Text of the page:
MINGLING AT THE MINT: Guests at Boucheron’s interactive Vendôrama anniversary exhibit began their journey at the back door of the 18th-century Hôtel de la Monnaie. Who would guess that it would open on to a graffitied tunnel?
The uninitiated might be forgiven for missing the references in the tags: 1858 — that would be the year the house founder Frédéric Boucheron opened his first store — and Quatre for the jewelry line launched in 2004.
Inside a temporary exhibit space sitting in the courtyard, visitors were served up a mix of screens, live actors, and jewelry displays, set amidst rich green foliage including ivy — a traditional inspiration for the house. Even the guidebook was interactive, with pages folding out to reveal details of the jewelry on display.
“There’s a rock ‘n roll feel to it that I like,” said Charlotte Rampling, noting the unexpected presentation style, as the lighting on a collection of Quatre rings suddenly switched off behind her, making them disappear for a spell.
On one wall, guests could snap metal beads onto a giant replica of the asymmetrical Question Mark necklace—and have their photo taken there — while a display of Serpent Bohème necklaces jutted out of a tall, red lacquered bookcase.
Rampling was not wearing any jewelry. “I didn’t put any jewelry on because I thought perhaps I could take something here, perhaps, as I leave, I could put on a little watch or a little ring — so I came with nothing,” she said, holding out her hands as proof.
Julie Gayet, who said she’s entered a new phase in her career and begun acting in roles as the mother of teenagers, produced the documentary “Faces Places,” directed by Agnès Varda as well as the film “The Insult,” directed by Ziad Doueiri, both shortlisted for an Oscar. “It’s very moving,” she said, of the nod.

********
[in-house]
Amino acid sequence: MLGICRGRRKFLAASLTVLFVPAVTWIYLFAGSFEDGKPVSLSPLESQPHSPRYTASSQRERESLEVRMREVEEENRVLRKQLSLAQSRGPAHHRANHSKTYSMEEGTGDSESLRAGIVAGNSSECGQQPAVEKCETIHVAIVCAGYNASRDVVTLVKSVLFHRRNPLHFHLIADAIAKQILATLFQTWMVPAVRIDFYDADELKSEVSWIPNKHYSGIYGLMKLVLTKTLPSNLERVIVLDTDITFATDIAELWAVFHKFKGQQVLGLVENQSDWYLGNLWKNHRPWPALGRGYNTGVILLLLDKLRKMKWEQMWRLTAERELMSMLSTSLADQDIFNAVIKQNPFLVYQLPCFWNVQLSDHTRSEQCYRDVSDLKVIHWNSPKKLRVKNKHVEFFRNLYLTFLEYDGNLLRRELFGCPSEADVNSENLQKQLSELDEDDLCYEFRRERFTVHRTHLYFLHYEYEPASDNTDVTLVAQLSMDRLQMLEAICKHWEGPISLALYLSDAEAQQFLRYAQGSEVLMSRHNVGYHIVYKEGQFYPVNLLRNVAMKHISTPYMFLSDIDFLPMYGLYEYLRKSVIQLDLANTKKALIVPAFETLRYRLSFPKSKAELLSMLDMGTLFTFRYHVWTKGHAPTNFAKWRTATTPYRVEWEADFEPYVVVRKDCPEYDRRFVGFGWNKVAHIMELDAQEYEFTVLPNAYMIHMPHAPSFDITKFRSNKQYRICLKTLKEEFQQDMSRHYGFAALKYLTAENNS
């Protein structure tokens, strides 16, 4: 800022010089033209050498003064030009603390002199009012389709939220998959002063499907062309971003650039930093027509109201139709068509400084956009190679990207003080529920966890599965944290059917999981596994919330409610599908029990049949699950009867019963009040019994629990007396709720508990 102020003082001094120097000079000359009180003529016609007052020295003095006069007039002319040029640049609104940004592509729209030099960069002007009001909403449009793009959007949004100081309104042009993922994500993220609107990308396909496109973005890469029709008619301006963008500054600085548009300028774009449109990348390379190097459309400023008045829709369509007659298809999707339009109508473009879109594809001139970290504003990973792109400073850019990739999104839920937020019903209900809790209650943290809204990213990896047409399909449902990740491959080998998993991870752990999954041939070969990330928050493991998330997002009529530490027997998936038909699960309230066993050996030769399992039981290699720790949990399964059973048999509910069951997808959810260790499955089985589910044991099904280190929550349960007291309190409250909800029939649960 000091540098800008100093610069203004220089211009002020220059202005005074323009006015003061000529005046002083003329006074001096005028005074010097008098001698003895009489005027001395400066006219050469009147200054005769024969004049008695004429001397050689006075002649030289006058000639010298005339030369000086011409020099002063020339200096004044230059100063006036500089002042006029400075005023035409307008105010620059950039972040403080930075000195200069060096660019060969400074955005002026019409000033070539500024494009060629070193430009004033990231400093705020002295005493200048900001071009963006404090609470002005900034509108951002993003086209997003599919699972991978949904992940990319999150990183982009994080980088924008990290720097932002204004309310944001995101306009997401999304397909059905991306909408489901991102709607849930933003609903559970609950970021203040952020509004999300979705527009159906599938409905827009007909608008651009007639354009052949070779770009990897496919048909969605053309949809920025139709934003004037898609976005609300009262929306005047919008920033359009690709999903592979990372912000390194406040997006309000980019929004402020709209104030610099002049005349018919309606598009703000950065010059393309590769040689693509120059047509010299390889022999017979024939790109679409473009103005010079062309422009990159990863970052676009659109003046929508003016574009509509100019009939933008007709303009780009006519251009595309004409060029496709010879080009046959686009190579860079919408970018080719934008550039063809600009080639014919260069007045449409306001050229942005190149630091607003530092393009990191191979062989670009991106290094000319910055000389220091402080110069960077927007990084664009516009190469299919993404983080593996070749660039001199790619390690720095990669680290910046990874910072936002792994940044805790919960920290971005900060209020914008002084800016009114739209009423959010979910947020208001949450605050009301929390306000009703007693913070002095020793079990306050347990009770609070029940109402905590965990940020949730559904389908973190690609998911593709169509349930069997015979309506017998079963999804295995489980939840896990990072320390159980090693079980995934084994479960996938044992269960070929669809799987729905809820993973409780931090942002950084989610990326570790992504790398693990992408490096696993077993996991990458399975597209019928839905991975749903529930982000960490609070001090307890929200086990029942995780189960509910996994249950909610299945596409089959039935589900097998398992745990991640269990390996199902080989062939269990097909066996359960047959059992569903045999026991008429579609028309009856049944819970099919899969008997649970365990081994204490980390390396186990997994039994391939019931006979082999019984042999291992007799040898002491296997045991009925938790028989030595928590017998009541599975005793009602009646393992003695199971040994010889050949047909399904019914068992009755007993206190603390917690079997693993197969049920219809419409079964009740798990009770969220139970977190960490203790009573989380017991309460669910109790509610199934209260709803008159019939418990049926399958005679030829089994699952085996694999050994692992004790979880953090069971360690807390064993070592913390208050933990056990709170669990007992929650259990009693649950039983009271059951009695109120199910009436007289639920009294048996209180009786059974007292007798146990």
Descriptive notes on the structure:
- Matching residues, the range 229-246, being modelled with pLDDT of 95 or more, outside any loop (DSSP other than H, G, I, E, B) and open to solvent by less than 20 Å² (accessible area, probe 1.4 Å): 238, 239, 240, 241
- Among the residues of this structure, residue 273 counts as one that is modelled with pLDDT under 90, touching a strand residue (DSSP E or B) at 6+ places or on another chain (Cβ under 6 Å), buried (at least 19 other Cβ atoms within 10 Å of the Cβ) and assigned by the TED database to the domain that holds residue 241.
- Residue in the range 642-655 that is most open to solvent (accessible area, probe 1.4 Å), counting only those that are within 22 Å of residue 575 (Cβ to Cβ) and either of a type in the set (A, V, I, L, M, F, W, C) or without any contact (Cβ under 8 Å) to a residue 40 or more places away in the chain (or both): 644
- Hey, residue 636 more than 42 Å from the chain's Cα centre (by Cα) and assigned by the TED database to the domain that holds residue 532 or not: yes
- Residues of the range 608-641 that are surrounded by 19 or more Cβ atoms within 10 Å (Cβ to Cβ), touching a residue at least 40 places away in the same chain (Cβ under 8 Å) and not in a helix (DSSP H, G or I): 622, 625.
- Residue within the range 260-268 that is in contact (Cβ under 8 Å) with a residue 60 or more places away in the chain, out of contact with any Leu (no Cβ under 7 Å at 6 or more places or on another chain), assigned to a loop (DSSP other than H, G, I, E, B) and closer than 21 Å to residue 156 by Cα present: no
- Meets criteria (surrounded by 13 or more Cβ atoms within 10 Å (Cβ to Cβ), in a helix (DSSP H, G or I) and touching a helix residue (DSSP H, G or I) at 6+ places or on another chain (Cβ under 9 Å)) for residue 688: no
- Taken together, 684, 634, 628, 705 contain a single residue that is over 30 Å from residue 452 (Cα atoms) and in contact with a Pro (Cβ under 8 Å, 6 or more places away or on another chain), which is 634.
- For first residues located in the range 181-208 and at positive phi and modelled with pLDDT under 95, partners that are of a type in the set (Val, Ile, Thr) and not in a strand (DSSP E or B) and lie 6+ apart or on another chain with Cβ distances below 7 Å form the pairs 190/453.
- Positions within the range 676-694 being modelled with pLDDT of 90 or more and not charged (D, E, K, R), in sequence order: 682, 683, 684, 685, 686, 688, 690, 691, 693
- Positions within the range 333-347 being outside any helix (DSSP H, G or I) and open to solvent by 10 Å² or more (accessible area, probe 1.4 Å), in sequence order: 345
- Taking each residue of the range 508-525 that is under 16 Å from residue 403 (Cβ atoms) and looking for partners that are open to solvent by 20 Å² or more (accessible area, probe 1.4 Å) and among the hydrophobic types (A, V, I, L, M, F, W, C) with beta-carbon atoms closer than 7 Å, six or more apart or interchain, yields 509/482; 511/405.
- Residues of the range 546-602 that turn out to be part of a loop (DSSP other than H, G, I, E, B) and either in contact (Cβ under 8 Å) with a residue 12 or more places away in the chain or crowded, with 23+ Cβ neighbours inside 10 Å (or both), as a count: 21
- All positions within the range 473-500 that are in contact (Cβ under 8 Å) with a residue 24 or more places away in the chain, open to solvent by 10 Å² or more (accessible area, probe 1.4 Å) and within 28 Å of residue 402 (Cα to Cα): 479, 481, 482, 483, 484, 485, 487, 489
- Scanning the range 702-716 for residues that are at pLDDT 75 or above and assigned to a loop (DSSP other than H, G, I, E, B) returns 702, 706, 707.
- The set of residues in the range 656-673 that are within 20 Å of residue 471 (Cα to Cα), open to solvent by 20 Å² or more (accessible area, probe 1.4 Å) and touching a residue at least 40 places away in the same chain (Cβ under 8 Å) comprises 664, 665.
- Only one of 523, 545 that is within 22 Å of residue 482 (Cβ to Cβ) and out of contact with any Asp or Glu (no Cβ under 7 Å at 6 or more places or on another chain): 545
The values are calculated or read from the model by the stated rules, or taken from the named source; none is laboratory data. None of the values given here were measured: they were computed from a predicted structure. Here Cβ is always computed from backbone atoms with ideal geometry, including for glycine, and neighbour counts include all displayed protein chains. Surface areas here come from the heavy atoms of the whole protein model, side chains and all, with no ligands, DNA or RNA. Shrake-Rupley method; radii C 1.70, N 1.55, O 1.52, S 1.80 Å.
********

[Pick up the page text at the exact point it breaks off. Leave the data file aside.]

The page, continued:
Gayet was wearing a pair of drop earrings from the house: “My favorite — they’re always very elegant.”
If Isabelle Adjani was wearing jewelry, she kept it well hidden, as the actress kept herself well-covered in a Chanel ensemble, her upturned collar nearly reaching her cap.
John Nollet said he learned about the house’s inspiration from plants — thanks to the actors reciting text. He said he doesn’t wear jewelry often but recalled trying out a big diamond necklace at a private event hosted by the jeweler.
“I put an enormous necklace on…and I felt just great,” he said, smiling at the memory.
Guests were guided through a series of courtyards and rows of columns — no more graffiti here — by a black carpet leading to the main building. Up a grand staircase and time for cocktails and a slice of foie gras. The crowd admired the Louise Bourgeois spider sculpture that held court in the vast, marbled room as the muddy waters of the Seine river rushed past.